Fogarty’s niche

MARSHALL – It’s been quite a few years since there’s been an entire exhibit of nothing but works by Minnesota artist Terrence Fogarty.

“I don’t do a lot of that in general, do a lot of shows,” Fogarty said. The one show he does every year is the trade show at the state hockey tournament at the Xcel Center in St. Paul. “I’ve been doing that for 17 years.”

The 1982 Southwest Minnesota State graduate has had a few pieces in the SMSU alumni art show during homecoming, some works on display throughout the campus and one of his latest will be unveiled for the sports/recreation mural as part of the Marshall Mural Project.

Fogarty’s exhibit, “Sports for All Times,” will be on display through Aug. 8 at the Marshall Area Fine Arts Council arts center. An artist reception will be from 5-7 p.m. Thursday, July 31. Limited edition prints of the sports/recreation mural will be available for purchase.

Fogarty will also return to Marshall on Aug. 14 for the official unveiling of the sports/recreation mural.

Fogarty, who lives in Victoria, has come back to the Marshall area several times since he’s graduated. He said the last time he’s had a show in Marshall was about 10 years after he graduated from SMSU. He’s done some projects for the SMSU Alumni Foundation, he said. Several of his corporate clients include the University of Minnesota, the Minnesota Wild, the Minnesota Twins, the Tampa Bay Devil Rays, CBS Columbia Records and the Milwaukee Brewers. He is commissioned by professional, collegiate and amateur sports organizations to make commemorative paintings.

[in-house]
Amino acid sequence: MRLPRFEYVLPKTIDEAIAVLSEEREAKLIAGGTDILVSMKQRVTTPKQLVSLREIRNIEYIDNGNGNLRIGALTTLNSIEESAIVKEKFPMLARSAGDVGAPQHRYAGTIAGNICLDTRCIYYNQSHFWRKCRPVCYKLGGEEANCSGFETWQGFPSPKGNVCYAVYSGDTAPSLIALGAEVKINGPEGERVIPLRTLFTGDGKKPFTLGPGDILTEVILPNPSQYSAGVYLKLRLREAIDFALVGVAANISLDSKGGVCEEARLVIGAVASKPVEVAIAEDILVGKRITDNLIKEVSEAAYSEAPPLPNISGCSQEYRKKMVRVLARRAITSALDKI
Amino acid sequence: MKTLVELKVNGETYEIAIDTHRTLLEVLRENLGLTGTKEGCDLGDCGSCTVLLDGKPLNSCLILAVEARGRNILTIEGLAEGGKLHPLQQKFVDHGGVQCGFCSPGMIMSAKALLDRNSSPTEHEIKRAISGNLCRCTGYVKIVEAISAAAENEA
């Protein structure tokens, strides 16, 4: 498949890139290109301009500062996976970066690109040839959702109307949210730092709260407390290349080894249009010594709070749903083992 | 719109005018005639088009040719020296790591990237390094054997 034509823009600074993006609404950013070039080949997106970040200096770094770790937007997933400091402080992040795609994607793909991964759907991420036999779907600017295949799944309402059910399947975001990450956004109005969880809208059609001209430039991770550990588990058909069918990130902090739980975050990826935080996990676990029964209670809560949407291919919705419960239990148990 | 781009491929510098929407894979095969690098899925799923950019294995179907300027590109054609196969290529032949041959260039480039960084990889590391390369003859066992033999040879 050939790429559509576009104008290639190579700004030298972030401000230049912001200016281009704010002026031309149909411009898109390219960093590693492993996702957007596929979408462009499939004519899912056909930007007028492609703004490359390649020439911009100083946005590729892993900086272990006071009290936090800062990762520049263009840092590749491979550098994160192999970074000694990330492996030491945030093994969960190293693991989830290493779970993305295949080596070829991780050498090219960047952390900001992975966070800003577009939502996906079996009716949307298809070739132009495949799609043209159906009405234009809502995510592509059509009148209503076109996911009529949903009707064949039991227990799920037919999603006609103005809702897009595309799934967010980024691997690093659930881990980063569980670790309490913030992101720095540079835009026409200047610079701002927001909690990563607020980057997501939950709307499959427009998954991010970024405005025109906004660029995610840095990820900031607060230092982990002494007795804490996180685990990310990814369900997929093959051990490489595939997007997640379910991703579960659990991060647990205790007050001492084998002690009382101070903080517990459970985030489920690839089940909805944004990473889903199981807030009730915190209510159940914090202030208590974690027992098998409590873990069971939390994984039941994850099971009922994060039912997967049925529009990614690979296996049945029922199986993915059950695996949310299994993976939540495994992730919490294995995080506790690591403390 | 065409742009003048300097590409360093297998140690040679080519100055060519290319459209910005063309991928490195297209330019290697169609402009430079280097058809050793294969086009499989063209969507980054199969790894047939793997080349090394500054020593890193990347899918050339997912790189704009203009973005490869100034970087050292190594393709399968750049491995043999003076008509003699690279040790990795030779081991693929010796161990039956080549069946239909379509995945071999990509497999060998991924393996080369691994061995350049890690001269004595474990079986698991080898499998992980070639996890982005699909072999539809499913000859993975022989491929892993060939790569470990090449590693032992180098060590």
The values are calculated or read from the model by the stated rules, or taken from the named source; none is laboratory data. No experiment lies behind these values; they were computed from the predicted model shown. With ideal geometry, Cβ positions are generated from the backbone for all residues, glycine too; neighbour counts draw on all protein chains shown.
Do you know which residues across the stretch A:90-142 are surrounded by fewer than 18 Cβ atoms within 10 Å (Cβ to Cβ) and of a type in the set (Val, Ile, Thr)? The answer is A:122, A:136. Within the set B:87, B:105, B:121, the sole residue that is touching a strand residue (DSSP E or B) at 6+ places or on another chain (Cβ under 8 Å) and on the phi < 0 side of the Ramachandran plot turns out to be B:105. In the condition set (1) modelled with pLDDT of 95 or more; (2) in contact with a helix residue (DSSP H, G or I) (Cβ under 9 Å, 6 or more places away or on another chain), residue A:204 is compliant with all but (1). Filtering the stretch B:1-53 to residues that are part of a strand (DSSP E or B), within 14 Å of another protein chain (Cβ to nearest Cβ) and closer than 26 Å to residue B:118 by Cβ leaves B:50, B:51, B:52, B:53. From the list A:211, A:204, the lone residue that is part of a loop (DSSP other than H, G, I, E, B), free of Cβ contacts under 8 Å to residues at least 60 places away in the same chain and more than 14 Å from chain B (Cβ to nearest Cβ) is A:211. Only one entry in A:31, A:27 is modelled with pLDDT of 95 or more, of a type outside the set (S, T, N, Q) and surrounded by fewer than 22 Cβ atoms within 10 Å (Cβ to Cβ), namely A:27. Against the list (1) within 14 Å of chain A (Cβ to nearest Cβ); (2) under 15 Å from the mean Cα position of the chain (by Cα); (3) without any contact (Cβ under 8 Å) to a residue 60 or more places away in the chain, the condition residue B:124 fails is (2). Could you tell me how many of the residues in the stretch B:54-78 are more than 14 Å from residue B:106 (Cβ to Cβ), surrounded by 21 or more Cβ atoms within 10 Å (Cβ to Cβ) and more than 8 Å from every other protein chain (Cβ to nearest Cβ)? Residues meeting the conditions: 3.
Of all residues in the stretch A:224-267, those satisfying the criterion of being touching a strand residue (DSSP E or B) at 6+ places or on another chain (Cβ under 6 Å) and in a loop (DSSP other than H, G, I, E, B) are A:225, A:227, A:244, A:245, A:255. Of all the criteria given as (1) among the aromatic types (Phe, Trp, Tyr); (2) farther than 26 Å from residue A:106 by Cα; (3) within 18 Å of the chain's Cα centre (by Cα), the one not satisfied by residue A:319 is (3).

“I’ve carved out a niche for sports-related artwork,” Fogarty said. “Most of my commission work, 90 percent has been of a local nature.”

According to the biography on his website, it says that Fogarty’s paintings can take many months to complete. He does an extreme amount of research, and for example, if a painting has a barn in it, he’ll go out to take a photo of that barn with the lighting he has in mind for the artwork. He usually sketches out his work first, and it may be a couple of weeks until paint “hits the canvas.”

Fogarty said what he likes about making his artwork is creating an emotion in people.

“I just love doing something where I can finish at the end of the day where it’s enjoyed by other people,” Fogarty said.”When I’m involved in a painting, it’s more than eight hours a day.”

Most of the works in the MAFAC exhibit lean heavily toward hockey, Fogarty said.

“Hockey and baseball over the years have taken up a lot of my energy,” he said. He said the artworks have a non-professional feel to them, like kids playing ice hockey on a frozen pond.